I was watching a late night financial program on television in early July, 2001 when I learned that Microsoft is allowing PC manufacturers to control which icons are included on new Desktops. Historically, Microsoft has argued that Windows desktop was their "sacrosanct intellectual property" and that only their icons -- not those of their competitors -- could reside on desktop of a new computer.
This was highly interesting to me since it confirms what I have been repeatedly saying over past year -- that Windows desktop is extremely valuable marketing real estate. As a matter of fact, Microsoft and its competitors found it to be so valuable that a federal court case was fought over access to desktop (among other issues regarding Windows operating system).
It is interesting that there are still naysayers who question marketing power of Windows desktop. One person comes to mind who wrote me to say that he thought desktop marketing was a "neat gimmick." I was incredulous at this kind of uninformed attitude! You don't have to be a marketing genius to see that desktop is perhaps one of most *logical* places to advertise. Think about it. What other screen on entire computer system is first screen you see when you boot up? What other screen is always visible? The Windows desktop!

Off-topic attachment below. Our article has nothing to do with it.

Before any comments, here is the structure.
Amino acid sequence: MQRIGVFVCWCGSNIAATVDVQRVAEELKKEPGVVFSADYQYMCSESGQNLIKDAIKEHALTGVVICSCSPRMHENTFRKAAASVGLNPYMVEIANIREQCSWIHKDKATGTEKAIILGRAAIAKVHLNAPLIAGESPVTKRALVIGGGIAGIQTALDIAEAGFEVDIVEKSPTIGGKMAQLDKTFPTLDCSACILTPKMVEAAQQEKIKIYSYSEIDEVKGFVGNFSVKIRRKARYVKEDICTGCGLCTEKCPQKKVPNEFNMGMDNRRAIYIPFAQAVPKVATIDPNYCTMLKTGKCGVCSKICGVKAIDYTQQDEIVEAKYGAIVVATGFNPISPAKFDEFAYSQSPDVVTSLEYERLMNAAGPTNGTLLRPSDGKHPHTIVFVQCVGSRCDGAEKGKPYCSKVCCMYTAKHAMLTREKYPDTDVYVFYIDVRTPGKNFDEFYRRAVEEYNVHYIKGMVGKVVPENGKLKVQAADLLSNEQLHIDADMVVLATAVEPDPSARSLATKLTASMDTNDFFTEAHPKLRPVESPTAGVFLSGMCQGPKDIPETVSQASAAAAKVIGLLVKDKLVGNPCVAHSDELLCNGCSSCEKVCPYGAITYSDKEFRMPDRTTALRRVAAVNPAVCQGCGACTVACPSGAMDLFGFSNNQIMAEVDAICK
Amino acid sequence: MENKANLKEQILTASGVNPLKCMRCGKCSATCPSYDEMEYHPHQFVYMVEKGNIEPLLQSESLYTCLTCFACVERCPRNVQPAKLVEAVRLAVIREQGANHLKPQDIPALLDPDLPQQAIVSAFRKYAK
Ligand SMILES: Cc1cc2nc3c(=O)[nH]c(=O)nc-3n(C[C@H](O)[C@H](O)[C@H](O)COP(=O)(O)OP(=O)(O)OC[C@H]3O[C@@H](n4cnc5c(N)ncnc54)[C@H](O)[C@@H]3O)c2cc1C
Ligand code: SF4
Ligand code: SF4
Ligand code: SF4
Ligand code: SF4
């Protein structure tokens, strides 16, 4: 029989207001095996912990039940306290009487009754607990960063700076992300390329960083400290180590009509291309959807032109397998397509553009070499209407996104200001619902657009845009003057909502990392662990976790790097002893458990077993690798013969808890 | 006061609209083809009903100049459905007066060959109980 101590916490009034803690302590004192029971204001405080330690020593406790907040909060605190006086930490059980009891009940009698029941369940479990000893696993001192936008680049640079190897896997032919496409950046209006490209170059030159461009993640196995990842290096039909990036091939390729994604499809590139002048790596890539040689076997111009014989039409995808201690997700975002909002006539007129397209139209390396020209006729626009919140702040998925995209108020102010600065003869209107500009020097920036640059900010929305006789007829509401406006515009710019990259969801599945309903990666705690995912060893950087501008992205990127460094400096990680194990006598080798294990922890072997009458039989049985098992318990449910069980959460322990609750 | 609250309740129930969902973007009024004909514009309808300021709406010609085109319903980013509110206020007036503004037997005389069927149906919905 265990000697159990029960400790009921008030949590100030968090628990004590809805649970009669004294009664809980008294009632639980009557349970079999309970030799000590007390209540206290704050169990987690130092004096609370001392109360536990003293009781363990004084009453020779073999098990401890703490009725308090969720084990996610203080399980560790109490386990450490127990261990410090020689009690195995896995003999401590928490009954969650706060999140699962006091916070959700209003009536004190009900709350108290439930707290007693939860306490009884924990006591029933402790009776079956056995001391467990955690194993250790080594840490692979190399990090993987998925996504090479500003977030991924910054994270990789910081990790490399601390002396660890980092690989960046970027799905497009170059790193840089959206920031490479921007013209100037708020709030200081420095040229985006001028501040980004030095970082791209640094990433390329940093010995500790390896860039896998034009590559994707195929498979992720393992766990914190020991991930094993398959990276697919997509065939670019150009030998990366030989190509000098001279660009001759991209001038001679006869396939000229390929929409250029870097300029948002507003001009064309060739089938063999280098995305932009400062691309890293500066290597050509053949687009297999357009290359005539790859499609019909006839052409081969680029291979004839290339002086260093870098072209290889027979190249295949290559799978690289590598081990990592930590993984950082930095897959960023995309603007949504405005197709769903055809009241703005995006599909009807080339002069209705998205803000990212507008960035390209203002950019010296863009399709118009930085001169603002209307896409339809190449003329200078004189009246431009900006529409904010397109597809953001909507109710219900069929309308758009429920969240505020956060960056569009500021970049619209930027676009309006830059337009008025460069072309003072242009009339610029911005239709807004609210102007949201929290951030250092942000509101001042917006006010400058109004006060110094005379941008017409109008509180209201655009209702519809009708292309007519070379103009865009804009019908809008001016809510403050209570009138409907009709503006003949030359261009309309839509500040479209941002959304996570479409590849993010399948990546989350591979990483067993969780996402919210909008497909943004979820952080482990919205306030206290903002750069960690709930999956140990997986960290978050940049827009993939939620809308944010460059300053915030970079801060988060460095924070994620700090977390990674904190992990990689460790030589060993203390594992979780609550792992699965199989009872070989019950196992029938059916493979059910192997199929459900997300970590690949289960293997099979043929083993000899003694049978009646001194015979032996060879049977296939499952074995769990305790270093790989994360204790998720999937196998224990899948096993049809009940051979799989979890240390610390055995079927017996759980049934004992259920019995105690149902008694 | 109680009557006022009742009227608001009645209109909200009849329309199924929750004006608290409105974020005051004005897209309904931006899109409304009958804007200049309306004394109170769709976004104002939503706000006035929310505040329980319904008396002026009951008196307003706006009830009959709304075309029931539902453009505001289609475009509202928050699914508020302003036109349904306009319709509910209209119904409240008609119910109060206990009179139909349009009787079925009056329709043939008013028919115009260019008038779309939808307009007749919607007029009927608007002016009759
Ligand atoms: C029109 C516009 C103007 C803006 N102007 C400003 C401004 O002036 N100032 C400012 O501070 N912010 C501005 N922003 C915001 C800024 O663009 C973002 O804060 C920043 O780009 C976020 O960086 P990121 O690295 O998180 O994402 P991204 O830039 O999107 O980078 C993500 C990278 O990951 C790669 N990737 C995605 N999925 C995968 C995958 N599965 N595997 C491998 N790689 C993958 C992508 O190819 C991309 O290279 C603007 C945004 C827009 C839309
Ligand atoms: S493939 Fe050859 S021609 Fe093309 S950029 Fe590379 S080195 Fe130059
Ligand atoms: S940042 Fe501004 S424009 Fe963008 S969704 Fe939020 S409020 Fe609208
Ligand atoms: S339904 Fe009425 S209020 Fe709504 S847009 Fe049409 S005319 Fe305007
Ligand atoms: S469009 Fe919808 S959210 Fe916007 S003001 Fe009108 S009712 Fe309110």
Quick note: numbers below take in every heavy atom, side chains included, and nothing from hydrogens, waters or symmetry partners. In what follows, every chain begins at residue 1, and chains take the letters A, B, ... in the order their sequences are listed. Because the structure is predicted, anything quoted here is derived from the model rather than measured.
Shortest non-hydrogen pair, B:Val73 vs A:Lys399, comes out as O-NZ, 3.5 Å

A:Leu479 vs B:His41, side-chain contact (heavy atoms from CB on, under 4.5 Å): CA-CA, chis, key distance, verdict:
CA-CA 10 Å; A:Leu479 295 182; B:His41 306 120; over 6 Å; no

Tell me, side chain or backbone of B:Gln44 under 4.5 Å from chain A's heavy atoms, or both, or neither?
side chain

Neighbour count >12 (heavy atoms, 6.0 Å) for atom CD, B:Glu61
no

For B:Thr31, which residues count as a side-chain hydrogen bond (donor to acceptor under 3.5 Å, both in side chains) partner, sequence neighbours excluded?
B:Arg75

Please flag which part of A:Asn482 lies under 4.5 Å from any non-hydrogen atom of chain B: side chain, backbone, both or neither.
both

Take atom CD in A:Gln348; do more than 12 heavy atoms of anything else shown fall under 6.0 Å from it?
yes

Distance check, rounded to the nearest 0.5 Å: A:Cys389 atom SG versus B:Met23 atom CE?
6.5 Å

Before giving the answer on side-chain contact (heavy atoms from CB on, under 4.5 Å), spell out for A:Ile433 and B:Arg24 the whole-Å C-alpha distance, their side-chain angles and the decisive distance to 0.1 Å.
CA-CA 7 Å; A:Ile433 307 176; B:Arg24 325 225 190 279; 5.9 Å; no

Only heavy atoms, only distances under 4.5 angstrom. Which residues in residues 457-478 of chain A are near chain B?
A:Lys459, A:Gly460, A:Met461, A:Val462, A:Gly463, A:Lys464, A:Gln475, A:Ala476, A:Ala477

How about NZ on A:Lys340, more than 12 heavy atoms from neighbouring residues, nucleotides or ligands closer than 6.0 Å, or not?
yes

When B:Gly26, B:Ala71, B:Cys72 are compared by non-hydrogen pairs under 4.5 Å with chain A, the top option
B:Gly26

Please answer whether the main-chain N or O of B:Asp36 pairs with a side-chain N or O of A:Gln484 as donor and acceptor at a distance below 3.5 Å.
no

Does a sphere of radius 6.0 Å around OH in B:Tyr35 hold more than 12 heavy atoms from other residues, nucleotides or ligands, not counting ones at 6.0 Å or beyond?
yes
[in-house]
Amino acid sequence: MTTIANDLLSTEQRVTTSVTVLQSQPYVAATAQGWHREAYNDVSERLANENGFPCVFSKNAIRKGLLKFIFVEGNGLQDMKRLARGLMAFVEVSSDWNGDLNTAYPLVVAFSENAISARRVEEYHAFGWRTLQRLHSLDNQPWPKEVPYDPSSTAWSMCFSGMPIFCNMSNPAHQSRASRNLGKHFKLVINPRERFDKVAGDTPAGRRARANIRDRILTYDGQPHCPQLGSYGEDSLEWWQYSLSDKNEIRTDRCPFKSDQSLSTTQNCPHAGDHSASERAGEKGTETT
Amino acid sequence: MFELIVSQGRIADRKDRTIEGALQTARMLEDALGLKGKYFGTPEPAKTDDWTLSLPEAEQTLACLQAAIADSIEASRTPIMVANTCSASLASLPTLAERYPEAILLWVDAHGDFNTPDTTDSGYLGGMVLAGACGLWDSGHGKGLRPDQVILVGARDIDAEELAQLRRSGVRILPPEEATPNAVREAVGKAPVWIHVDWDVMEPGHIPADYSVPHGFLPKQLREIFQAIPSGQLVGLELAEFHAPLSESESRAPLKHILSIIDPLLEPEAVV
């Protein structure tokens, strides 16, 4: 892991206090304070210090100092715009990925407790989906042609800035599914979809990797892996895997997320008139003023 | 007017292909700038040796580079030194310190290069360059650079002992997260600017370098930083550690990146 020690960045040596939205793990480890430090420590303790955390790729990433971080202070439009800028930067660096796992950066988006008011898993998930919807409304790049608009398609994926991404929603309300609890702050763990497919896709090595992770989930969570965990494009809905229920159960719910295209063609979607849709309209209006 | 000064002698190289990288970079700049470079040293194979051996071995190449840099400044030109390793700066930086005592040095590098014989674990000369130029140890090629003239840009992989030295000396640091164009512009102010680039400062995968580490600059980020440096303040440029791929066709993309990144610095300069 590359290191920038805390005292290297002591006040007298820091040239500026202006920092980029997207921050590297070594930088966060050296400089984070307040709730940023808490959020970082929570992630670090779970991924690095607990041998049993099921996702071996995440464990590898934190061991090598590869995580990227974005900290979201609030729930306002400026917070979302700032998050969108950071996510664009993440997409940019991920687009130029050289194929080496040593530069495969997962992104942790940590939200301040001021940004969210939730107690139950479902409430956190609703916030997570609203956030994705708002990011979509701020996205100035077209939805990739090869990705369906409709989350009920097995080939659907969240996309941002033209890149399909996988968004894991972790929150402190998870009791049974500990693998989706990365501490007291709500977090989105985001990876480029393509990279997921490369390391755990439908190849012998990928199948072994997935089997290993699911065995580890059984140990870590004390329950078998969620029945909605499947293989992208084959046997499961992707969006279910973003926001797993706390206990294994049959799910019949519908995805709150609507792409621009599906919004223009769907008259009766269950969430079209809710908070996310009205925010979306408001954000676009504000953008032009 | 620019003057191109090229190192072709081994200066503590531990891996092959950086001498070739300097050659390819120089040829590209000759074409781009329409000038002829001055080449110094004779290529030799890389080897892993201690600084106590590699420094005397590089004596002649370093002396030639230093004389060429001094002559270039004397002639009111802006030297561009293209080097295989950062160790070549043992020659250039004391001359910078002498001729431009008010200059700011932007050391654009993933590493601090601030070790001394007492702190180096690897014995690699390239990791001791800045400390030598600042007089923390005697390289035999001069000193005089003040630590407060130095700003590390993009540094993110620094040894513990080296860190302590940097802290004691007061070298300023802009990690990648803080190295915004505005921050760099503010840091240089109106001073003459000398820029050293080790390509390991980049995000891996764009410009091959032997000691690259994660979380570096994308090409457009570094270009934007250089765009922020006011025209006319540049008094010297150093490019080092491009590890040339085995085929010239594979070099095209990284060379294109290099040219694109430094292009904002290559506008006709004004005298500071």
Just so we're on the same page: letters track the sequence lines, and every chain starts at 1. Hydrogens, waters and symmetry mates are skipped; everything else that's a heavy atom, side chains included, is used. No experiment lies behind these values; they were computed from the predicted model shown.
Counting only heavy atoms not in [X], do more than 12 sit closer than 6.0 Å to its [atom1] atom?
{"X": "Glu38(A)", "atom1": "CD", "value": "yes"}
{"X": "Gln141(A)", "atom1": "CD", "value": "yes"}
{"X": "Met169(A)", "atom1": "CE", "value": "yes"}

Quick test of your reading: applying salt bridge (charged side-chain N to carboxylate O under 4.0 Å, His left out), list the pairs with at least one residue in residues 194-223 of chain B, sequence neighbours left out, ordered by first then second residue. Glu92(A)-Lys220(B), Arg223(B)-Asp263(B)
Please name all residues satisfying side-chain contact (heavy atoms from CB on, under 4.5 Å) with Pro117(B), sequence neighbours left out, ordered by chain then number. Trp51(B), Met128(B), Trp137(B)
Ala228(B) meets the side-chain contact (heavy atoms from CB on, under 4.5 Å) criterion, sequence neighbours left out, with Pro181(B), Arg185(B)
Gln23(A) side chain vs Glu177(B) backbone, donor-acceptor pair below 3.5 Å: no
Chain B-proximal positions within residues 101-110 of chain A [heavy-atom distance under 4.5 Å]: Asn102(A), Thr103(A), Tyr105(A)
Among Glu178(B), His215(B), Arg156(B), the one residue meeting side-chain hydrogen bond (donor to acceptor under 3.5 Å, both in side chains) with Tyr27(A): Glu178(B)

It is clear that Microsoft and their competitors don't view Windows desktop as a "neat gimmick." Federal court cases that cost millions of dollars are not fought over gimmicks no matter how "neat" they may be.
One thing I would like to point out is that Microsoft assigned an almost religious value to Windows desktop by referring to it as their "sacrosanct intellectual property." Let's take a look at definition of "sacrosanct" as defined by Websters:
Sacrosanct comes from Latin sacrosanctus, consecrated with religious ceremonies, hence holy, sacred, from sacrum, religious rite (from sacer, holy) + sanctus consecrated (from sancire, to make sacred by a religious act).
When Microsoft called Windows desktop their "sacrosanct intellectual property" they assigned a holy or sacred value to it. Again, no "neat gimmick" here.
What makes Windows desktop so valuable? It is fact that very few people buy on a first time visit to a site. The key to making sales is *repetition*. It is a basic marketing principle that overwhelming majority of customers need to be exposed to an offer three or more times before actually making purchase. And Windows desktop provides multiple exposures necessary to make sale. Here are facts: